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I have been recently trying some new technologies, such as our own Coveo Headless Library, which aims to replace Coveo JavaScript Search Framework with a smaller headless state management library, and Svelte, which aims at writing minimal (and clearer) code to achieve the same results as a React or VueJS app.

Those two technologies are so great and fun to work with that I could not wait to use them together. So this blog post will do exactly that: Let’s build a minimal search page using Svelte and the Headless library.

Setting up the repository

This blog was updated on 2021-04-01 to use the new SvelteKit instead of Sapper

For this example, we will use SvelteKit, a small framework that builds a Svelte app with many modern features such as Server-side rendered pages, which is very useful for SEO in Commerce.

mkdir coveo-svelte-headless 
cd coveo-svelte-headless 
npm init svelte@next 

npm install @coveo/headless 
npm install 
npm run dev

You can now open localhost:3000 and directly edit the files, with hot-reload support! Yes, this is already very impressive.

Now, let’s remove some of the code that will not really be needed in index.svelte, which now looks like this:

<svelte:head>
  <title>Coveo Headless + Svelte</title>
</svelte:head>

<div>Hello from Coveo</div>

We are now ready to integrate Headless!

Creating the Engine

The first thing to do is to create a Headless engine. This engine holds the state of a single Search Interface.

For this blog, we will use the sample configuration:

// src/lib/SearchEngine.js

import { HeadlessEngine, searchAppReducers } from '@coveo/headless';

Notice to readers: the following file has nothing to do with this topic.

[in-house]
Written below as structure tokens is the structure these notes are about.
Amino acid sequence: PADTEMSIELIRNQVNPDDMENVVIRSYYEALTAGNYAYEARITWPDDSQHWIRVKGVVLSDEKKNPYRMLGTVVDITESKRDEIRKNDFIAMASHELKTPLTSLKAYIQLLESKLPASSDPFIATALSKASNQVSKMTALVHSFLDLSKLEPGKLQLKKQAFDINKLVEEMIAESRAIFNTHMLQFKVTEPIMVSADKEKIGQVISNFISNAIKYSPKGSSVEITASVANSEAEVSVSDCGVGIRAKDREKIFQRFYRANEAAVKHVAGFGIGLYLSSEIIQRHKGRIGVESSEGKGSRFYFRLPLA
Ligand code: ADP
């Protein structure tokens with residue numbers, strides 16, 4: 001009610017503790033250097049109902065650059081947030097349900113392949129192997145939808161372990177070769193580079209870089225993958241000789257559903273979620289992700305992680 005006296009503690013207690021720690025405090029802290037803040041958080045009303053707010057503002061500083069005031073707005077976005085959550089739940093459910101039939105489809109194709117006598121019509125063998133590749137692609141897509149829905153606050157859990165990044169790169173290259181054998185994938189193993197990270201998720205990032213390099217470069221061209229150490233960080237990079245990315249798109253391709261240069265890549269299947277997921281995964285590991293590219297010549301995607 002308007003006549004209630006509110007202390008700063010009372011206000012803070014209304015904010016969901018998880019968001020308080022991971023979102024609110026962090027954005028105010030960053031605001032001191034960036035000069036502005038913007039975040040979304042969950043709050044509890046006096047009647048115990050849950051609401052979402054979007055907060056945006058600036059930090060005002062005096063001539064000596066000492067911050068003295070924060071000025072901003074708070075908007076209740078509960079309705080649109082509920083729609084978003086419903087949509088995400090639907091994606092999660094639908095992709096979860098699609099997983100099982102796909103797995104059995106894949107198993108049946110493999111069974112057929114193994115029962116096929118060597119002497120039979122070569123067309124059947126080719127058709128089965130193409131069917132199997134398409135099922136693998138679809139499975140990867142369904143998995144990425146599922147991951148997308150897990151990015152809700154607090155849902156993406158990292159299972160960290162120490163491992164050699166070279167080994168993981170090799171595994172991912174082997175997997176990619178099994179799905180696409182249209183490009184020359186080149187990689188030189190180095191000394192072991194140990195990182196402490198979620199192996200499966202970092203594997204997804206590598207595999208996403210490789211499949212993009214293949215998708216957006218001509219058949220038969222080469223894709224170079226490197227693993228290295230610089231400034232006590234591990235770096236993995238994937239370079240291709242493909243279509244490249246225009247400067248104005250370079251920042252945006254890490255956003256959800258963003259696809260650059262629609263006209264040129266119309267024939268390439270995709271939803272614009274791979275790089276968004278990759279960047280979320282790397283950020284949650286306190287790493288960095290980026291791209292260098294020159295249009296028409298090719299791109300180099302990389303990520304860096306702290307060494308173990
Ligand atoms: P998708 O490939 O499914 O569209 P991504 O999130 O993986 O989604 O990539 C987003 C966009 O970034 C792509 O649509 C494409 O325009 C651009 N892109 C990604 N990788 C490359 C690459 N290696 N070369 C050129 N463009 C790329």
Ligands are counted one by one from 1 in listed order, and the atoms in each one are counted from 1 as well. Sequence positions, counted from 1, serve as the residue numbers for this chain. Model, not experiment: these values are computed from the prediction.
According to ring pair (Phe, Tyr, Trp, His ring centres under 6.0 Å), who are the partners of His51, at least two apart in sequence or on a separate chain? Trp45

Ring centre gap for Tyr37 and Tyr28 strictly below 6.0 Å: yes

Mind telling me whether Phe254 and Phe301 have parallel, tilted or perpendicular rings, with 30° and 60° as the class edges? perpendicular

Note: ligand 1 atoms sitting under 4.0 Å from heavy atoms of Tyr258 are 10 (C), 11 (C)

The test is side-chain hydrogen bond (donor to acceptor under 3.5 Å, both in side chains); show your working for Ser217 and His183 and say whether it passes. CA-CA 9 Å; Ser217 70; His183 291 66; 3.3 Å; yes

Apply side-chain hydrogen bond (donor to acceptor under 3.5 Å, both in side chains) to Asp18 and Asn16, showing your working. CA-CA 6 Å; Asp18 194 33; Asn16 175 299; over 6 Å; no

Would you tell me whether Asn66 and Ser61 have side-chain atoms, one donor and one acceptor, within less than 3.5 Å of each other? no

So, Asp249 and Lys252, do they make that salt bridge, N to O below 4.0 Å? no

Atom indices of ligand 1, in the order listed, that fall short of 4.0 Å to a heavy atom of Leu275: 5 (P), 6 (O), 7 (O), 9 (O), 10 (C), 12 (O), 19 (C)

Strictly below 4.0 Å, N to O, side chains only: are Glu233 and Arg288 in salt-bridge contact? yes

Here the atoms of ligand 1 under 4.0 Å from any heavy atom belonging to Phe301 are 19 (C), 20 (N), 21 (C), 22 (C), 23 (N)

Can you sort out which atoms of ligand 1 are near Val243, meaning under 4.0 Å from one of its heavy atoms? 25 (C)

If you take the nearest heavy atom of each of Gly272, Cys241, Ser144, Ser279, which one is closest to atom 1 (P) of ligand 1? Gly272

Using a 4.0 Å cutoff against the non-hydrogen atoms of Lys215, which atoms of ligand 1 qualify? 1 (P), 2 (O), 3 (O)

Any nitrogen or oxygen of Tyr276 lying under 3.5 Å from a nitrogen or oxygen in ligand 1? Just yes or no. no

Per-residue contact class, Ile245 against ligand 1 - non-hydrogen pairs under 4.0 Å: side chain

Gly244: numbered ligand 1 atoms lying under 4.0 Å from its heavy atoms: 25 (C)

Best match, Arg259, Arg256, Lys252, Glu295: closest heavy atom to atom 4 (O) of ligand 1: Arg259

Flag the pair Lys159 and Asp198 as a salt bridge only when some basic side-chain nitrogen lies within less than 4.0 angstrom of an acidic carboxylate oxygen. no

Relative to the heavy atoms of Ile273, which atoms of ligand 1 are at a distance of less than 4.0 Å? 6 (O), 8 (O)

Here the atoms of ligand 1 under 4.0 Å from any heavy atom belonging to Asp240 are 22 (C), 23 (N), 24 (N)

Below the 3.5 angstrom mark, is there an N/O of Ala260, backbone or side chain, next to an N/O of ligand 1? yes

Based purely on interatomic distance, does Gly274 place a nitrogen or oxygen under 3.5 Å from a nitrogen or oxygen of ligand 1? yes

export const searchEngine = new HeadlessEngine({
configuration: HeadlessEngine.getSampleConfiguration(),
reducers: searchAppReducers
});

 

Creating the Controllers

We must then create a controller to interact with that engine’s state.

// src/lib/SearchBox.js

import { SearchBox, buildSearchBox } from '@coveo/headless';
import { searchEngine } from "./SearchEngine";

export const searchBoxController = buildSearchBox(searchEngine);

 

The buildSearchBox method creates a controller for a search box. It exposes a couple of methods such asupdateText to update the currently typed text, andsubmit to submit a query.

It would be nice to leverage Svelte’s store management system, so let’s subscribe to the controller’s state and expose it:

// src/lib/SearchBox.js

import { buildSearchBox } from '@coveo/headless';
import { searchEngine } from "./SearchEngine";
import { writable } from "svelte/store";

export const searchBoxController = buildSearchBox(searchEngine);
export const searchBoxState = writable(searchBoxController.state);
searchBoxController.subscribe(() => searchBoxState.set(searchBoxController.state));

 

In Svelte, a writable store is a value that can be listened to. You can subscribe to the store by using the (very convenient) $ syntax, such as $searchBoxState.results. Each time the state changes, anything that uses $searchBoxState will be re-rendered accordingly.

Now, it would not be super useful to have only a search box without seeing the results, so let’s do the same with a result list:

// src/lib/ResultList.js

import { buildResultList } from '@coveo/headless';
import { searchEngine } from "./SearchEngine";
import { writable } from "svelte/store";

export const resultListController = buildResultList(searchEngine);
export const resultListState = writable(resultListController.state);
resultListController.subscribe(() => resultListState.set(resultListController.state));